Brain Connections Differ in Children With Autism
Study found more short-range connections, fewer long-range connections
WEDNESDAY, Feb. 27, 2013 (HealthDay News) -- A small new study has identified a distinct and unique pattern in the way brains of children with autism process information.
Researchers used electroencephalograms (EEGs) to track electrical activity in the brains of 30 children with autism and detected certain features in brain connections, according to the study, which was published Feb. 27 in the journal BMC Medicine.
Compared to other children, those with autism have more short-range links within different brain regions but fewer connections between more distant areas, said the researchers from Boston Children's Hospital.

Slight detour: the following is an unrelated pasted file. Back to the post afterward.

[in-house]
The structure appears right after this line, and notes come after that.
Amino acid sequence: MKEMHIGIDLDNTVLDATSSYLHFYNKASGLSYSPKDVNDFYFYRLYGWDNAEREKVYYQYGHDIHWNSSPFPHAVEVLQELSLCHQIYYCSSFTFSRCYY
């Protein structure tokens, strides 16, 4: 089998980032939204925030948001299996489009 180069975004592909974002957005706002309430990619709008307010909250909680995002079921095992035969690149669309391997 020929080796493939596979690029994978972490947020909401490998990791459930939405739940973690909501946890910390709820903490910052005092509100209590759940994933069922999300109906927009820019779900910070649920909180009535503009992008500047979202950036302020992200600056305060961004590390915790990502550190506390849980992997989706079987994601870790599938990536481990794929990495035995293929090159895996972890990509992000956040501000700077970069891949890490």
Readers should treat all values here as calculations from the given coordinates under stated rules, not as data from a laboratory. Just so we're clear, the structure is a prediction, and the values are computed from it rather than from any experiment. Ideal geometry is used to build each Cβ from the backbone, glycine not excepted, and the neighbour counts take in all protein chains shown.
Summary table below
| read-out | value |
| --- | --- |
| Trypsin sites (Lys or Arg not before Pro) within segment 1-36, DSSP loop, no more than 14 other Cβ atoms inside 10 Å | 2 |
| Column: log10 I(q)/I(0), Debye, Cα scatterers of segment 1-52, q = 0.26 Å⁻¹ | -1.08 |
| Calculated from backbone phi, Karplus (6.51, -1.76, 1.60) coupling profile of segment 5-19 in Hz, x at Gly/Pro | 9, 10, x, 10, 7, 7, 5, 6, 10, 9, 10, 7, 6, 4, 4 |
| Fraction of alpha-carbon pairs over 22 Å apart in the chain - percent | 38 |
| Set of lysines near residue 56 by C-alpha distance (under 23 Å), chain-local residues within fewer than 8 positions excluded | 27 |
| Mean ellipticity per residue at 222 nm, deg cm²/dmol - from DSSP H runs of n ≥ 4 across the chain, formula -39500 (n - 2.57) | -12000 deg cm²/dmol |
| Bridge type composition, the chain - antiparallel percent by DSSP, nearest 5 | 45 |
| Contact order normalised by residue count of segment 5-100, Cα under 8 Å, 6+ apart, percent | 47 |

They said their findings may help improve understanding about certain behaviors in children with autism.
A brain network that has more short-range connections than long-range links helps explain why a child with autism may excel at specific, focused tasks such as memorizing streets, but is unable to integrate information across different brain areas into larger concepts, the researchers said.
"For example, a child with autism may not understand why a face looks really angry, because his visual brain centers and emotional brain centers have less cross-talk," study co-first author Dr. Jurriaan Peters said in a hospital news release. "The brain cannot integrate these areas. It's doing a lot with the information locally, but it's not sending it out to the rest of the brain."
Peters said the finding "may well change the way we look at the brains of autistic children."
The U.S. National Institute of Neurological Disorders and Stroke has more about autism.